Are California Prisons Punishing Inmates Based On Race?

English: Concertina razor wire at a prison
Concertina razor wire at a prison (Photo credit: Wikipedia)

Contributed By:

Christie Thompson

In several men’s prisons across California, colored signs hang above cell doors: blue for black inmates, white for white, red, green or pink for Hispanic, yellow for everyone else.

Though it’s not an official policy, at least five California state prisons have a color-coding system.

On any given day, the color of a sign could mean the difference between an inmate exercising in the prison yard or being confined to their cell. When prisoners attack guards or other inmates, California allows its corrections officers to restrict all prisoners of that same race or ethnicity to prevent further violence.

Prison officials have said such moves can be necessary in a system plagued by some of the worst race-based gang violence in the country. Just last week, at least four inmates were taken to the hospital after a fight broke out between over 60 black and Hispanic inmates in a Los Angeles jail.

The labels “provide visual cues that allow prison officials to prevent race-based victimization, reduce race-based violence, and prevent thefts and assaults,” wrote the California Department of Corrections and Rehabilitation, in response to a lawsuit.

But legal advocates say such practices are deeply problematic. “I haven’t seen anything like it since the days of segregation, when you had colored drinking fountains,” said Rebekah Evenson, an attorney with the nonprofit Prison Law Office.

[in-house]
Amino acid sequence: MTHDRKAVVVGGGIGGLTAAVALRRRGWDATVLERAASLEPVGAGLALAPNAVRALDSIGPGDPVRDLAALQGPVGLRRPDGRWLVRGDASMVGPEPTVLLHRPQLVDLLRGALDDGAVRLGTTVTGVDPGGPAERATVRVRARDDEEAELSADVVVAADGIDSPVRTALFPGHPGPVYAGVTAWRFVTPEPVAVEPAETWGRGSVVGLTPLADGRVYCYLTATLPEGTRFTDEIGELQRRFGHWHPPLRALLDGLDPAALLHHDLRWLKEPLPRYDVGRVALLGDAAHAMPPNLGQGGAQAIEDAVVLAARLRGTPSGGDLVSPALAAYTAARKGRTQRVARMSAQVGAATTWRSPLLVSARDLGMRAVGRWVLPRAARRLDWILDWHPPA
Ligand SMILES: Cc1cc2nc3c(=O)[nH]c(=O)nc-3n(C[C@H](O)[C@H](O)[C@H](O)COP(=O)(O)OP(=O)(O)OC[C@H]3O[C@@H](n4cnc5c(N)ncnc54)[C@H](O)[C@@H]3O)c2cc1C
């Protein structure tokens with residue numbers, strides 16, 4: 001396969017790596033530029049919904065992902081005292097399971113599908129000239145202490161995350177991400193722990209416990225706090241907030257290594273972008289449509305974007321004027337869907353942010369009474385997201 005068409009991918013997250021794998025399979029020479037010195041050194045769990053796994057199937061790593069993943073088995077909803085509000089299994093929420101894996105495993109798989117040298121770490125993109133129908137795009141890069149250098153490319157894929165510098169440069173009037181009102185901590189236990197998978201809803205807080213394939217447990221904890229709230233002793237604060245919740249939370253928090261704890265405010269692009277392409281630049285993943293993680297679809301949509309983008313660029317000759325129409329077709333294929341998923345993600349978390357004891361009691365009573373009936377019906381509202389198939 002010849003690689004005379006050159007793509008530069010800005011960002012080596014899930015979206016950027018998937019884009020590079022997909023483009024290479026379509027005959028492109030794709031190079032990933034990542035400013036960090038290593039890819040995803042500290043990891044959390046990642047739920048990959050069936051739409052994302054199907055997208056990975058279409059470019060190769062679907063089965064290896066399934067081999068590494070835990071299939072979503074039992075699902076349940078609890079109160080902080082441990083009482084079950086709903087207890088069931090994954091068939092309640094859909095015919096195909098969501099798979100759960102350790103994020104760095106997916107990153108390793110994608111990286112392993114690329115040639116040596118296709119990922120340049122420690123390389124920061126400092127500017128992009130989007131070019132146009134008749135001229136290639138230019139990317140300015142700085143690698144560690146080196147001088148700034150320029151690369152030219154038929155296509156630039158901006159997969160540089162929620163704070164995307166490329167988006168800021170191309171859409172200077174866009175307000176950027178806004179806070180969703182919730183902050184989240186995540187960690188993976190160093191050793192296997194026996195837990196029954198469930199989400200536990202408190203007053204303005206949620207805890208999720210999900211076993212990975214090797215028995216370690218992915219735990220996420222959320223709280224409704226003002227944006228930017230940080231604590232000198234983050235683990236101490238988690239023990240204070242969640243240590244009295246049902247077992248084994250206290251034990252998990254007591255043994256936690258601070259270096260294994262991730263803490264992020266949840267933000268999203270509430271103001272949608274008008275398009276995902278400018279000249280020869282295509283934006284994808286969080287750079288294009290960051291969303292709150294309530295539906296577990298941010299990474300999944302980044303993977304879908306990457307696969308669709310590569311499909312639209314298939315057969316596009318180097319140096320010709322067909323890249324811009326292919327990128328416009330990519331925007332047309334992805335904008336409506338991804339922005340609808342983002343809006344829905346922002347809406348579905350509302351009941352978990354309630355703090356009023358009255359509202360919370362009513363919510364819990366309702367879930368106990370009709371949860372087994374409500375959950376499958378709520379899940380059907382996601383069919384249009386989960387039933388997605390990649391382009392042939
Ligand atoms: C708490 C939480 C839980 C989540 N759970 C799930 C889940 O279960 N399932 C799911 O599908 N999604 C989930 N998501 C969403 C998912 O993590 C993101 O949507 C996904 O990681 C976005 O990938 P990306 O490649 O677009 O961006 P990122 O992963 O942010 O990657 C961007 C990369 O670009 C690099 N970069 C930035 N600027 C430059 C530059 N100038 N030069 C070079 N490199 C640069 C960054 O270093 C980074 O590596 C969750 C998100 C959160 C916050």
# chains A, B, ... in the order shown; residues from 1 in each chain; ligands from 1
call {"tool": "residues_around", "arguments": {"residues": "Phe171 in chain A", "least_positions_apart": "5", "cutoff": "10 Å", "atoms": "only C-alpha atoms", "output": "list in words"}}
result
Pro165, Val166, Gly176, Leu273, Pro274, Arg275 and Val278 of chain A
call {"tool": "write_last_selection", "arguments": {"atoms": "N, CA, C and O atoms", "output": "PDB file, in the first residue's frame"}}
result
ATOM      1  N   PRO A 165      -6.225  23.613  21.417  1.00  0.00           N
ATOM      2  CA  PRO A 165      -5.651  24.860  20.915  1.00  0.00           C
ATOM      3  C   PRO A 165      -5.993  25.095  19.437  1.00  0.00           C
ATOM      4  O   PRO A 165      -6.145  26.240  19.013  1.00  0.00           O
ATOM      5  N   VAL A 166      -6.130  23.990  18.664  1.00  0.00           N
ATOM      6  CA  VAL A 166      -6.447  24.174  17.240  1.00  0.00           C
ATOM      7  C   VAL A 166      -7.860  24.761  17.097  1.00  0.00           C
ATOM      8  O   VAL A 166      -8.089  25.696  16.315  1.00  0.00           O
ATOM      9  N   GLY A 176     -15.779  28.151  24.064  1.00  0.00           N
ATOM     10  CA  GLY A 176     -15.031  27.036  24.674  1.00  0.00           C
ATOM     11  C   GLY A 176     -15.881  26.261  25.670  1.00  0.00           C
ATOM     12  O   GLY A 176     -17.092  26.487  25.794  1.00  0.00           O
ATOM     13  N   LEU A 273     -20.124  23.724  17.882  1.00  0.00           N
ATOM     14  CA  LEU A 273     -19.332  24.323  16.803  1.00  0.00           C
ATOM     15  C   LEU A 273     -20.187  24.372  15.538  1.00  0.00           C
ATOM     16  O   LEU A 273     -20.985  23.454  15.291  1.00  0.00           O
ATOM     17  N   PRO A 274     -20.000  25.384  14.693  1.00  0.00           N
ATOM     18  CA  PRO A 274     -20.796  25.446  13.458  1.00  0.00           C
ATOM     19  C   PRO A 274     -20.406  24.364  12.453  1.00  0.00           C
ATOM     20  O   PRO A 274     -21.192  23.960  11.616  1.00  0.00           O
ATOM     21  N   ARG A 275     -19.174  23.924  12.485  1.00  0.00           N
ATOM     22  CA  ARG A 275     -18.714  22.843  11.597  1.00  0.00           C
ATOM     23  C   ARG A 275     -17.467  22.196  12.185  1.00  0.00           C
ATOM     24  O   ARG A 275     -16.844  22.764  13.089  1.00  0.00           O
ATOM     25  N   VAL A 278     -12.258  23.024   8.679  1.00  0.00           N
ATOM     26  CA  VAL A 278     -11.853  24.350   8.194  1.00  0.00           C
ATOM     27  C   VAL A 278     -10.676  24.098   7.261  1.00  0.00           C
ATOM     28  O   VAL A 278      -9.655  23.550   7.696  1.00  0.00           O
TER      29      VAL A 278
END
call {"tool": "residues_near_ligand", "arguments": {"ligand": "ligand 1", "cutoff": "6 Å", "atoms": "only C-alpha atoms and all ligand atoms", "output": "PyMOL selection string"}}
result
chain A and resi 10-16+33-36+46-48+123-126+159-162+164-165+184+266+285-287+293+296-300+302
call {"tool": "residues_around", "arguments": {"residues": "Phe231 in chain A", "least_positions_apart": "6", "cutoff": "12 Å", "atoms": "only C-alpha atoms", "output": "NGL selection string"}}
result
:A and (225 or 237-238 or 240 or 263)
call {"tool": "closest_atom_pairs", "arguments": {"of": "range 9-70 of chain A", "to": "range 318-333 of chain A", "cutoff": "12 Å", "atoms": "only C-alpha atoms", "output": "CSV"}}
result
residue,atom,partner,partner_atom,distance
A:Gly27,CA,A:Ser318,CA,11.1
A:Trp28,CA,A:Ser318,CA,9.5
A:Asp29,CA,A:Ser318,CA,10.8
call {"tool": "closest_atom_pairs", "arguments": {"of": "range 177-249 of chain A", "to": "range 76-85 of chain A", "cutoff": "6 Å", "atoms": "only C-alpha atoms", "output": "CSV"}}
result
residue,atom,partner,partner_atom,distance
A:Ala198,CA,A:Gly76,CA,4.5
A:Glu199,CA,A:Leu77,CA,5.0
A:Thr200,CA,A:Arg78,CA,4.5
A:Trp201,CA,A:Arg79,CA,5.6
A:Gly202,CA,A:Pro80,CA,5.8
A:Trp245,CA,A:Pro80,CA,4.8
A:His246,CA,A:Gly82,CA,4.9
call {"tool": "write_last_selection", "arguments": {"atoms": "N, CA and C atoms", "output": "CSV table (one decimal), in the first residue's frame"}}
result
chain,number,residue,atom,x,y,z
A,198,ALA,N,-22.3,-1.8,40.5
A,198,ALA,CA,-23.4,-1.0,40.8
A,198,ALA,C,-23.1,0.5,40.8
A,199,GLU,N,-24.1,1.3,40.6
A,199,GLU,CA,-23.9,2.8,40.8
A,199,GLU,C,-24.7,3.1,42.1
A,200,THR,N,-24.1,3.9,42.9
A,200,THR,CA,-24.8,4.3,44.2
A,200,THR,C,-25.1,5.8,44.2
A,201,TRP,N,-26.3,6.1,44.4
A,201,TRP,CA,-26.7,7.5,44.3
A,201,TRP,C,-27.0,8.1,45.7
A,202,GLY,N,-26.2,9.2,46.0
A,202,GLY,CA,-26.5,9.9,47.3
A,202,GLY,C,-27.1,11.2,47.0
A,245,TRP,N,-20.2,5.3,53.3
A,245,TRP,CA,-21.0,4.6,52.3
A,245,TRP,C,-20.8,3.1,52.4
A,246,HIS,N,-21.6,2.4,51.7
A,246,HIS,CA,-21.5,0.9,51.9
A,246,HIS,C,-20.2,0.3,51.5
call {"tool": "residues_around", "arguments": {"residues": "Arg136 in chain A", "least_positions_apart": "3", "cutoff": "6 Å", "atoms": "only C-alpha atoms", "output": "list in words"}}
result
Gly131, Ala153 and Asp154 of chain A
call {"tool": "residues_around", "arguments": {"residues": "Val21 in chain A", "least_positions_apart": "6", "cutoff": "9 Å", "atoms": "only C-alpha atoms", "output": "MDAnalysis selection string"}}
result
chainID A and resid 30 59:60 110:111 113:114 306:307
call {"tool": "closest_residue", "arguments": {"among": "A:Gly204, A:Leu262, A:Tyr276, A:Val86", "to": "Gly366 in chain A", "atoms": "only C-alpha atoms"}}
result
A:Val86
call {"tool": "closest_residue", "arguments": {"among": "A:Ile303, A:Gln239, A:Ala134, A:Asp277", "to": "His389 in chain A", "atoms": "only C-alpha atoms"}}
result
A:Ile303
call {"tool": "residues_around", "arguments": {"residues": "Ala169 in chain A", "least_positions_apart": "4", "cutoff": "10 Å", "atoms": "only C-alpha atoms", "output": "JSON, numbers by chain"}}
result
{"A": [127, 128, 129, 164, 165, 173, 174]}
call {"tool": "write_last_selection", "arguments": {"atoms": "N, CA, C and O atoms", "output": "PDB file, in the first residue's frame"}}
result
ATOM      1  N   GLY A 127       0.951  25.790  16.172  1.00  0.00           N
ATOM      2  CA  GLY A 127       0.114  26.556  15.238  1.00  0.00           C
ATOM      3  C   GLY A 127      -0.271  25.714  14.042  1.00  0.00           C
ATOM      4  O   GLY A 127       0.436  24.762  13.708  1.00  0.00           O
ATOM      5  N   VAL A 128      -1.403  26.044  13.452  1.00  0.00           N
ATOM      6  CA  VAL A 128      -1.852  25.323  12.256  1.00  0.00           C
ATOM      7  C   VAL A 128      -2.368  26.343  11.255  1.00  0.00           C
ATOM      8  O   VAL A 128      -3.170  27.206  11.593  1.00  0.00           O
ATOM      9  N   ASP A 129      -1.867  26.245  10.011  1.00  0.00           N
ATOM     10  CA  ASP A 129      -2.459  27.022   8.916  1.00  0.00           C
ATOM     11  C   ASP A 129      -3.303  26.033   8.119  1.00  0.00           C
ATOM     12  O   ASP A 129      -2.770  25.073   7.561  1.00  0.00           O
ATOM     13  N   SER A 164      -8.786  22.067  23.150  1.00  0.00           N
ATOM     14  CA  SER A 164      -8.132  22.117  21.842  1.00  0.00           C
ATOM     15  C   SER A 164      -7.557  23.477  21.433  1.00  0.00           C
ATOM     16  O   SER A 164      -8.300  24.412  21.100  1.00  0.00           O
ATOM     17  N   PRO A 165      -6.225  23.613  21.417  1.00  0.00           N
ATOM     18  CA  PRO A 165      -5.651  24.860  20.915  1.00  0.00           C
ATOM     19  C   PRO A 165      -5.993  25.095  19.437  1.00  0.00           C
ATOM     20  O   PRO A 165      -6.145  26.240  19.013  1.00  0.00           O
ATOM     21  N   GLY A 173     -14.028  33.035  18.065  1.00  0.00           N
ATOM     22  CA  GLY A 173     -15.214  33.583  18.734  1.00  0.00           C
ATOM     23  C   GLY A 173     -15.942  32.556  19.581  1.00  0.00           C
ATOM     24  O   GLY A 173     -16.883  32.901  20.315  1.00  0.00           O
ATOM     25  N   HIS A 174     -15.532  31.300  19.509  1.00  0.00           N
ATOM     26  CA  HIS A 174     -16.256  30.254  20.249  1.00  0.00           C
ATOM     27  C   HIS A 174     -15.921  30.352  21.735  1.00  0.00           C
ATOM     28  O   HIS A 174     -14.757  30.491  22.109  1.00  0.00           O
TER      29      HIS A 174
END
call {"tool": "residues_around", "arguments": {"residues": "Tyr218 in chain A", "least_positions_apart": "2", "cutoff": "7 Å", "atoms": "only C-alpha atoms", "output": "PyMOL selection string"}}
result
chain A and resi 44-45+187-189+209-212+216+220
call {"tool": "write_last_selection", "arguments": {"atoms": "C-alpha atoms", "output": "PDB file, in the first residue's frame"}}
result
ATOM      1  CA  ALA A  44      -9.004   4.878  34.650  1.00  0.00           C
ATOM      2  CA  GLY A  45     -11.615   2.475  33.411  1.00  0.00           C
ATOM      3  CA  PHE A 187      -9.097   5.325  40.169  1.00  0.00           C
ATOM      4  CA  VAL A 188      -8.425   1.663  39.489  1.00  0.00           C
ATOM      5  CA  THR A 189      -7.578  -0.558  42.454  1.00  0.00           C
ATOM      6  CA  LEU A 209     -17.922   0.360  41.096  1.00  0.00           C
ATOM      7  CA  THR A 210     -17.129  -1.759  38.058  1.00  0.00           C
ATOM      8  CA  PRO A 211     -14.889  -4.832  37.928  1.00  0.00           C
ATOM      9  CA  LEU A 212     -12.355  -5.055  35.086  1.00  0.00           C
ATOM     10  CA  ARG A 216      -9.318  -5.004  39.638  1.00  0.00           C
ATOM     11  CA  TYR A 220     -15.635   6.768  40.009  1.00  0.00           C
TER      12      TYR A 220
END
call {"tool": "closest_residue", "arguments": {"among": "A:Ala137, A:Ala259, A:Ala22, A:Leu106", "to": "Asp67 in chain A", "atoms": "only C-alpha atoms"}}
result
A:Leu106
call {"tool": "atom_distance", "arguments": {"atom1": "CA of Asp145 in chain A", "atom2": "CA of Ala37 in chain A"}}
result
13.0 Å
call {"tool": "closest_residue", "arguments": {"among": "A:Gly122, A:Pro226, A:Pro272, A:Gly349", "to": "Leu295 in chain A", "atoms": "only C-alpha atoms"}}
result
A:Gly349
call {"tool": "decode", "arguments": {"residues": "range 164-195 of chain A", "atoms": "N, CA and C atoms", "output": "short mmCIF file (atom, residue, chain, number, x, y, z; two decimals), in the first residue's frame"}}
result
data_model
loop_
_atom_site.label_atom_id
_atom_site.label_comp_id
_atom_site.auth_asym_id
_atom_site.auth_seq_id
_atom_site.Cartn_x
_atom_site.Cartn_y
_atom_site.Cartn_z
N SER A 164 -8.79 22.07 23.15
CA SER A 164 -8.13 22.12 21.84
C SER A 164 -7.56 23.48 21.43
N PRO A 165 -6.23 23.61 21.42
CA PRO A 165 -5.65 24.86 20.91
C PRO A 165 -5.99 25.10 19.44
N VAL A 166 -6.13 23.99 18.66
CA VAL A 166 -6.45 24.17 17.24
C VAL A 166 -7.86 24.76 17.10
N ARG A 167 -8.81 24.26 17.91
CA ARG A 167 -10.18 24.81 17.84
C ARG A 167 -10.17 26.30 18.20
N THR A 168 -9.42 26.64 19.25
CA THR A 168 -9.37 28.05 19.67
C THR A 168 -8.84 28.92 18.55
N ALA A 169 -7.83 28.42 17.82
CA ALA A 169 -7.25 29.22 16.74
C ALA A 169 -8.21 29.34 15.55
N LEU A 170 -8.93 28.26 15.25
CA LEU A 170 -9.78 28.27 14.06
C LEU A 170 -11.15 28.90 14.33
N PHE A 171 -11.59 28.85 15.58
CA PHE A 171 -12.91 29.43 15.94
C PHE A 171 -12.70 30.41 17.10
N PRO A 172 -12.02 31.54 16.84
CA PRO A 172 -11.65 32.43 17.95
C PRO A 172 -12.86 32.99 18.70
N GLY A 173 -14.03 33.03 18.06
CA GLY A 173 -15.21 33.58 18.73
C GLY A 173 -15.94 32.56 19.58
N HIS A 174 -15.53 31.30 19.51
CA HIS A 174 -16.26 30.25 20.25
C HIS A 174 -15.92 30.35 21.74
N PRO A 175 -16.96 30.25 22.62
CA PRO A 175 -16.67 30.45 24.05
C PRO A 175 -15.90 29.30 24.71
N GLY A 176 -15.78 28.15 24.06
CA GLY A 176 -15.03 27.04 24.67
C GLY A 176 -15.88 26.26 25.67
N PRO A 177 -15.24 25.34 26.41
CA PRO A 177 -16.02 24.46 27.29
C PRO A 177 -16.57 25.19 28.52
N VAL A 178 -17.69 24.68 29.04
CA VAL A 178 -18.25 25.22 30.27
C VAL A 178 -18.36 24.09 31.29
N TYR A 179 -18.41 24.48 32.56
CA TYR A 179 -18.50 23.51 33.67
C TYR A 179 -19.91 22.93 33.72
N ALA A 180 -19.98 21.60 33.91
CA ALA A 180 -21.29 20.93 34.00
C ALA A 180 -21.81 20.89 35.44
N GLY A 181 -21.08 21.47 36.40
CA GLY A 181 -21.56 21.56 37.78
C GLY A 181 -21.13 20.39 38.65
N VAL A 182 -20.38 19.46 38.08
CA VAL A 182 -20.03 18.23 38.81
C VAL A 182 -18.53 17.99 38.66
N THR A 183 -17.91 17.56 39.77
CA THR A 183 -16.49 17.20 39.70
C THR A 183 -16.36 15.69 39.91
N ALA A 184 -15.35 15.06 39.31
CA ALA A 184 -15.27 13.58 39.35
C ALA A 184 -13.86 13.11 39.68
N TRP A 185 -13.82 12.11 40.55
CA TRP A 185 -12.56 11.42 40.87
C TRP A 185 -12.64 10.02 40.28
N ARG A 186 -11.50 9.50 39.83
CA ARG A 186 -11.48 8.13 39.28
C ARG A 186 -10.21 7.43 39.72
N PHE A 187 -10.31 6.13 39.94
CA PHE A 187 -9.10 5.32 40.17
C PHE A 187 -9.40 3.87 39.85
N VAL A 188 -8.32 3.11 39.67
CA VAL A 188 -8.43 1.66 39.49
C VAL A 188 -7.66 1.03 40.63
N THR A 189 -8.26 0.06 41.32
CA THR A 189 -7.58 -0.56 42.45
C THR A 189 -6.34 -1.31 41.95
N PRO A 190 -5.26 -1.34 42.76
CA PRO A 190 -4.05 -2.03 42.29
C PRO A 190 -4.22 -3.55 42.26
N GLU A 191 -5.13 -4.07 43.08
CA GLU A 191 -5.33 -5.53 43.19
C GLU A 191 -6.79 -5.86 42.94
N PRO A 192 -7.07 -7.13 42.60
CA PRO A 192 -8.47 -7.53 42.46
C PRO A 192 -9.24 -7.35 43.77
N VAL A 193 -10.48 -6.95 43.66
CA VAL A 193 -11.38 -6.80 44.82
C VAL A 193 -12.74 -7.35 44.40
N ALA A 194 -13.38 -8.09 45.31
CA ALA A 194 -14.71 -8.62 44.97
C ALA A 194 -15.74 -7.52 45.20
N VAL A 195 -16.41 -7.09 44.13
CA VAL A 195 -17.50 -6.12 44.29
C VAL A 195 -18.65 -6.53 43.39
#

A federal class-action lawsuit filed in 2011 by the Prison Law Office says race-based restrictions are an ineffective and unjust way of keeping prisoners safe. “Rather than targeting actual gang members, they assume every person is a gang member based on the color of their skin,” said Evenson, one of the lead lawyers in the case. According to the ACLU National Prison Project, California is the only state known to use race-based lockdowns.

State and federal courts have ruled against the practice multiple times. One state court judge concluded in 2002 that “managing inmates on the basis of ethnicity” was counterproductive, and instead increased hostilities among prisoners.

A recent review of corrections department reports, done for the Prison Law Office, suggests it’s still common practice. The analysis found that nearly half the 1,445 security-based lockdowns between January 2010 and November 2012 affected specific racial or ethnic groups. Inmates labeled as Hispanic were the most common targets, while inmates identified as “other,” (anyone not labeled black, white or Hispanic) were the least likely to be restricted.

Rejecting an inmate’s complaint in 2010, one prison’s inmate appeals reviewer noted that the department’s policy is that when there is an incident involving any race, all inmates of that race are locked up.” Another review cited the same policy.

California’s corrections department spokesperson Terry Thornton said that’s not department policy. Thornton said policy dictates that restrictions will not “target a specific racial or ethnic group unless there is a legitimate penological interest in doing so.”

“A legitimate penological interest is safety, security,” Thornton said. “It’s protecting people’s lives.”

Prisoner advocates say race-based lockdowns may be yet another consequence of California’s crowding crisis. In 2011, the Supreme Court upheld a federal court ruling that crowding in the state’s prisons was severe enough to constitute cruel and unusual punishment, and required the state to cut its prison population.

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